C++ Walkthrough: Applying a cut (10 minutes)


The last “trick” you need to learn is how to apply a cut in an analysis macro. Once you’ve absorbed this, you’ll know enough about ROOT to start using it for a real physics analysis.

The simplest way to apply a cut in C++ is to use the if statement. This is described in every introductory C and C++ text, and I won’t go into detail here. Instead, I’ll provide an example to get you started.

Once again, let’s start with a fresh macro:

[] tree1->MakeSelector("AnalyzeCuts")

Our goal is to count the number of events for which pz is less than 145 GeV. Since we’re going to count the events, we’re going to need a counter. Put the following in the Definition section of AnalyzeCuts.C:

Int_t pzCount = 0;


Why Int_t and not Long64_t? I find that Int_t is easier to remember. I could even “cheat” and just use int, which will work for this example. You would only have to use the type Long64_t if you were counting more than \(2^{31}\) entries. I promise you that there aren’t that many entries in this file!1

For every event that passes the cut, we want to add one to the count. Put the following in the Process section:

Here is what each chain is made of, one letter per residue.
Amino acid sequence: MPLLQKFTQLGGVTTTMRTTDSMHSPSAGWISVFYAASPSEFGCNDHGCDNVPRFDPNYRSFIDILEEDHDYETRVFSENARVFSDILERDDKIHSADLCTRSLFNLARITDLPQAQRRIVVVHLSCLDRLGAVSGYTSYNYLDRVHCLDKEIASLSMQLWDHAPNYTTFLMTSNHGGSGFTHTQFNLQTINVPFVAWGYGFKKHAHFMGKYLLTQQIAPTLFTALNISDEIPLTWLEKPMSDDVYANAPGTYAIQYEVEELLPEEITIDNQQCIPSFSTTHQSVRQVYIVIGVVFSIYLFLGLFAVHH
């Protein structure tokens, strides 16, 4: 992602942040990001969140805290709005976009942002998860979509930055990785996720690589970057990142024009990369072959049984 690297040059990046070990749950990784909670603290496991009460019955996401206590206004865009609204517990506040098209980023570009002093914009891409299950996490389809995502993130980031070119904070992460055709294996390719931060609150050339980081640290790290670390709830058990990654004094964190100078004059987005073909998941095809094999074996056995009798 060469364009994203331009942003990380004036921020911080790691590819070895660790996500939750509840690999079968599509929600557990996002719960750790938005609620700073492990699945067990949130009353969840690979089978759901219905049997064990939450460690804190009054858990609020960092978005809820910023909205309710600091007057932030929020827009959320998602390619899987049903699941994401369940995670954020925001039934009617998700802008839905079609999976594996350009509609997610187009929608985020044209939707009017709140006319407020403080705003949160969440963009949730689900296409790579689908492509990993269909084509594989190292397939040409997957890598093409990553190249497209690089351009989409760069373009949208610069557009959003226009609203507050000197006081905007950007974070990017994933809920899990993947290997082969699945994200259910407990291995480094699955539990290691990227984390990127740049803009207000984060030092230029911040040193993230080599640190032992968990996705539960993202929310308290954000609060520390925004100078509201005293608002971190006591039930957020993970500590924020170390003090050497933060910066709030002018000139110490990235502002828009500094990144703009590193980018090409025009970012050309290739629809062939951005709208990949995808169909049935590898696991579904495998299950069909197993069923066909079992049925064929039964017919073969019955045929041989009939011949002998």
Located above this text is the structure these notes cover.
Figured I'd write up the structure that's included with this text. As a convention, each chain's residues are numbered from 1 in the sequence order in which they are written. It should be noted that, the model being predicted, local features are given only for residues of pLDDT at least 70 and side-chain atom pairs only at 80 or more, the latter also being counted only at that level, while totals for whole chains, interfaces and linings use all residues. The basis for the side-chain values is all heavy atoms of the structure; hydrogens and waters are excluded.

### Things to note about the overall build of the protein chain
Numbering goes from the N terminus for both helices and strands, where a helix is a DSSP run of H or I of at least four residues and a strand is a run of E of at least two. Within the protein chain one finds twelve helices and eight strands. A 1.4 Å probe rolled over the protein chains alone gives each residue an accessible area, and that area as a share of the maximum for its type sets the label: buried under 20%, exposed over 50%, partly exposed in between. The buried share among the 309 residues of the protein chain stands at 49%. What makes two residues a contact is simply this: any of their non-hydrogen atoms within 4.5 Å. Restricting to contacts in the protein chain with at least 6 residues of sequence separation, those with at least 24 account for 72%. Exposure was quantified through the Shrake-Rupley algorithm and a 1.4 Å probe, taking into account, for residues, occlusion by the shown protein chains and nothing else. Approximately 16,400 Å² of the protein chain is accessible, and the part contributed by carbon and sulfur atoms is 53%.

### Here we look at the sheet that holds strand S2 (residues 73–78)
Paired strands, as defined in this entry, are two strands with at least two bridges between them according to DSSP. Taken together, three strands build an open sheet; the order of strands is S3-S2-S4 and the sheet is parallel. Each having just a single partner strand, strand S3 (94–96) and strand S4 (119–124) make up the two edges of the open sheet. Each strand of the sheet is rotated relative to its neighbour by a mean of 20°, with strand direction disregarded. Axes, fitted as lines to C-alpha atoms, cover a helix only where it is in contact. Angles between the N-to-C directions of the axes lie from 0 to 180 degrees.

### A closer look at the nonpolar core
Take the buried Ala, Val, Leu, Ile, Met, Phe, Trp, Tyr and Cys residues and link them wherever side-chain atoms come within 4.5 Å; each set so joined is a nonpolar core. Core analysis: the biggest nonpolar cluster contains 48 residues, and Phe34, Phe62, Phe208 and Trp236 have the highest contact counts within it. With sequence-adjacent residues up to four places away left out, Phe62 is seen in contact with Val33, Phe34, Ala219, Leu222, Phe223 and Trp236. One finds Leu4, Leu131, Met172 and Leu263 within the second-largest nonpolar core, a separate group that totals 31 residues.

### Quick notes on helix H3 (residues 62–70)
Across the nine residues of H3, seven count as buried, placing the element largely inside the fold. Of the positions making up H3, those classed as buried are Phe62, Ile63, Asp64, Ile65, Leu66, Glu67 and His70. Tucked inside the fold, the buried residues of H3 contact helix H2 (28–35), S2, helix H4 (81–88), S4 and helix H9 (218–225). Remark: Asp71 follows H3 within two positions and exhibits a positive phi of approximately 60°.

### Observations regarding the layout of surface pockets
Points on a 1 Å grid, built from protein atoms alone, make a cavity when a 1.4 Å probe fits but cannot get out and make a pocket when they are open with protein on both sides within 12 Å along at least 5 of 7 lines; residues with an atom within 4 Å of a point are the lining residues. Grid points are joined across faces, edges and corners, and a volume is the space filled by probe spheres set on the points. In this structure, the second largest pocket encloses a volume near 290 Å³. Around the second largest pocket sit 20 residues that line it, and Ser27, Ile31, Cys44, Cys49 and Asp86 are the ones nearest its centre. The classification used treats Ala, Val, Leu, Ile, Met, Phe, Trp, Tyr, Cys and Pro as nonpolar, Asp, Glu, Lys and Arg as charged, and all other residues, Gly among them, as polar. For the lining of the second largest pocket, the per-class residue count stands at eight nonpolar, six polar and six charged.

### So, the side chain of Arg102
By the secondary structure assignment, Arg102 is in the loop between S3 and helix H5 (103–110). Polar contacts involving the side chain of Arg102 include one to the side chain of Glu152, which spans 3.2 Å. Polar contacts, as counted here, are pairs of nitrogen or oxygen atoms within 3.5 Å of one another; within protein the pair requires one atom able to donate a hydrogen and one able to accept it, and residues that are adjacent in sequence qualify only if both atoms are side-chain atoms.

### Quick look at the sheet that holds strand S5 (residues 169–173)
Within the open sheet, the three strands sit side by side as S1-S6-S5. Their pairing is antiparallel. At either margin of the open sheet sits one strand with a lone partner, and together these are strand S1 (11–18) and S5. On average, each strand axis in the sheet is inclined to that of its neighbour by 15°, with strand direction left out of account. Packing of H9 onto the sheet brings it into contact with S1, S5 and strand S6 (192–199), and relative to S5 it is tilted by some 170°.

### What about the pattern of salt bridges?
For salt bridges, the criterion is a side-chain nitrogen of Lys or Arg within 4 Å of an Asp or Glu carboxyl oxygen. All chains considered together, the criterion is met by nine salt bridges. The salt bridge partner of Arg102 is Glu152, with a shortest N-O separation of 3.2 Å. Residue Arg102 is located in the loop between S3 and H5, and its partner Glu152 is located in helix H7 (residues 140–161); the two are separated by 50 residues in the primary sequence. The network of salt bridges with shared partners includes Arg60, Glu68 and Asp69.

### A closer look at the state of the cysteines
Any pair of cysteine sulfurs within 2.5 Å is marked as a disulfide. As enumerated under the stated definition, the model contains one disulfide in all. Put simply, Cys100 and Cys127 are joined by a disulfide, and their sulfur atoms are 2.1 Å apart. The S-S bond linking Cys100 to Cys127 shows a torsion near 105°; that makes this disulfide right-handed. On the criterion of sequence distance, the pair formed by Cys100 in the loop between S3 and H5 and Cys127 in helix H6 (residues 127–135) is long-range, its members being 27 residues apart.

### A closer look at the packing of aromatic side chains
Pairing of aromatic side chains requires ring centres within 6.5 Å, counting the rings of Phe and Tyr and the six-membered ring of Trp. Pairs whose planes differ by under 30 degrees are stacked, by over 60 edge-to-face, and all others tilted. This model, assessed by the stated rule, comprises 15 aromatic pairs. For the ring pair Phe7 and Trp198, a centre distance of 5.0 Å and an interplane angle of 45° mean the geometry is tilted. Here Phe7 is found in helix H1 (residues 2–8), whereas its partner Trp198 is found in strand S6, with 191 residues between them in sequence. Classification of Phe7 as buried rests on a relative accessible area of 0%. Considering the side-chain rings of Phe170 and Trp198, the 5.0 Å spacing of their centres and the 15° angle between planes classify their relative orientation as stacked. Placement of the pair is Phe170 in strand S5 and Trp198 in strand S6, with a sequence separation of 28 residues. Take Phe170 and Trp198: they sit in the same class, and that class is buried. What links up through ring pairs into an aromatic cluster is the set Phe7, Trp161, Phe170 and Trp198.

if ( (*pz) < 145 )
    pzCount = pzCount + 1; // you could use "pzCount++;" instead


Be careful: it’s important that you surround the logical expression (*pz) < 145 with parentheses “()”, but the “if-clause” must use curly brackets “{}”.

Now we have to display the value. Again, I’m going to defer a complete description of formatting text output to a C++ textbook, and simply supply the following statement for your Wrap-up section:

std::cout << "The number of events with pz < 145 is "
    << pzCount << std::endl;


When I run this macro, I get the following output:

The number of events with pz < 145 is 14962

Hopefully you’ll get the same answer.


Recall that in the lecture I gave at the start of the class, I mentioned that other commonly used data-analysis programs couldn’t handle a large number of events. Can you picture an Excel spreadsheet with more than \(2^{31}\) rows? ROOT can handle datasets with up to \(2^{63}\) entries!

Having trouble visualizing powers of 2? Remember that \(2^{10} \approx 10^{3}\), so \(2^{63} = 2^{3} \times (2^{60}) = 2^{3} \times \left(2^{10}\right)^{6} \approx 2^{3} \times \left(10^{3}\right)^{6} = 8*10^{18}\) or about eight quintillion, roughly the number of grains of sand in the world. My claim “ROOT can handle datasets with up to \(2^{63}\) entries” is theoretical rather than practical.